Last week, the White House announced that William Allman, the White House’s chief curator, will retire on June 1. Allman, who has worked in the organization’s Curator’s Office for 41 years, has served as chief curator since 2002. This retirement comes as no surprise—Stephanie Grisham, the East Wing communications director said in a statement that Allman had “been considering his retirement since June 2016 but was kind enough to stay on through the transition.”
The Office of the Curator was created by Jacqueline Kennedy in 1961 when she managed to get the White House declared a museum. Its first curator, decorative arts scholar Lorraine Waxman Pearce, passed away earlier this year.
During his career, Allman served under eight presidents and was tasked with navigating the strange museum-residence combination of the White House. In 2011, he told the New York Times:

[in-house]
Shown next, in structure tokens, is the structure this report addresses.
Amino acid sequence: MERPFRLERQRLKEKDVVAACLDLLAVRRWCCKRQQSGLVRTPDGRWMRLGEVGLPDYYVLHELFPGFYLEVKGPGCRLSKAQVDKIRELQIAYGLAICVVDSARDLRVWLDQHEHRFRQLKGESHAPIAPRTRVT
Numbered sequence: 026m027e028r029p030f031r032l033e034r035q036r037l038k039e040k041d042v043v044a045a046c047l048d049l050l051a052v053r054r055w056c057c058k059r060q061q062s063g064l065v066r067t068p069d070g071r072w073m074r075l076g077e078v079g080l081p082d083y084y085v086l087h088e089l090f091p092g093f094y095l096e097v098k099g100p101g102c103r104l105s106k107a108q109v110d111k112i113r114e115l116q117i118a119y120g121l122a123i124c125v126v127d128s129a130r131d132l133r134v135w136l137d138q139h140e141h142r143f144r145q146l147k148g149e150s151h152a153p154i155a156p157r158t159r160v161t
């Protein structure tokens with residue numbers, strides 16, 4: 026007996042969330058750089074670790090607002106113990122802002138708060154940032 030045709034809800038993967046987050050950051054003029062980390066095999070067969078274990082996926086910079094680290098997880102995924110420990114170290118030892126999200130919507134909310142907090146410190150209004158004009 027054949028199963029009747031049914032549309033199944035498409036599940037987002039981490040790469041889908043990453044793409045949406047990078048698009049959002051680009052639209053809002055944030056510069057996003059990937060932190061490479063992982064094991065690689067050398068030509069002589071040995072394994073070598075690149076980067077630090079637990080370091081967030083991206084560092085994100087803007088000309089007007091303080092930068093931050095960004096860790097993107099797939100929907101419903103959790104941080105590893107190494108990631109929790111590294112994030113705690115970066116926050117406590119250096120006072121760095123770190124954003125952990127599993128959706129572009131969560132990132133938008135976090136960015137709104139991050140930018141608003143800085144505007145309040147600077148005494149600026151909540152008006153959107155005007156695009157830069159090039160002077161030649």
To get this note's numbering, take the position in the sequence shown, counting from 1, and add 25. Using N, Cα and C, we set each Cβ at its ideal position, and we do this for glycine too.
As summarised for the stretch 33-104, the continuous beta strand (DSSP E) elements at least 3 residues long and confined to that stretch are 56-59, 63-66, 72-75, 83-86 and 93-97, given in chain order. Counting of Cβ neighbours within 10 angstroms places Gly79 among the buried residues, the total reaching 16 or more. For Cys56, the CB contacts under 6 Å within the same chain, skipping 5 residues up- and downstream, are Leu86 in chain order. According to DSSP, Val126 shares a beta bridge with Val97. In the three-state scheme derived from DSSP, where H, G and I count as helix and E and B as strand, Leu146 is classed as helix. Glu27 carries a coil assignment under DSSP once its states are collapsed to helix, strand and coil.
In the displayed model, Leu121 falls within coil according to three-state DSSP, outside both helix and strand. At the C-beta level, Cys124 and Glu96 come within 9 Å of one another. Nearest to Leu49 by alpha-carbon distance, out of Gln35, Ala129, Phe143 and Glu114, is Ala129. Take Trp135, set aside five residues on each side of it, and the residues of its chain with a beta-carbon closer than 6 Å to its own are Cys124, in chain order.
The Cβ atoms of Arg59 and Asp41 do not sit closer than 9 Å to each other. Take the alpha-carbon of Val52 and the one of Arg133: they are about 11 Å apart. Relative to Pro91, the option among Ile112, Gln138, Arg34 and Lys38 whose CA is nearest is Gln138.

It is a museum, but it’s also the White House, and so it’s a working house. There are times when you run screaming, telling somebody, ‘You can’t put those hot television lights up against the portrait of Washington!’ You worry about someone spilling a drink on something. Sometimes somebody breaks a piece of furniture. But it’s the nature of it. It’s a place where people actually live.
According to CNN, “residence staff positions are non-political” and it is currently unclear who the Trumps will appoint to be Allman’s replacement.
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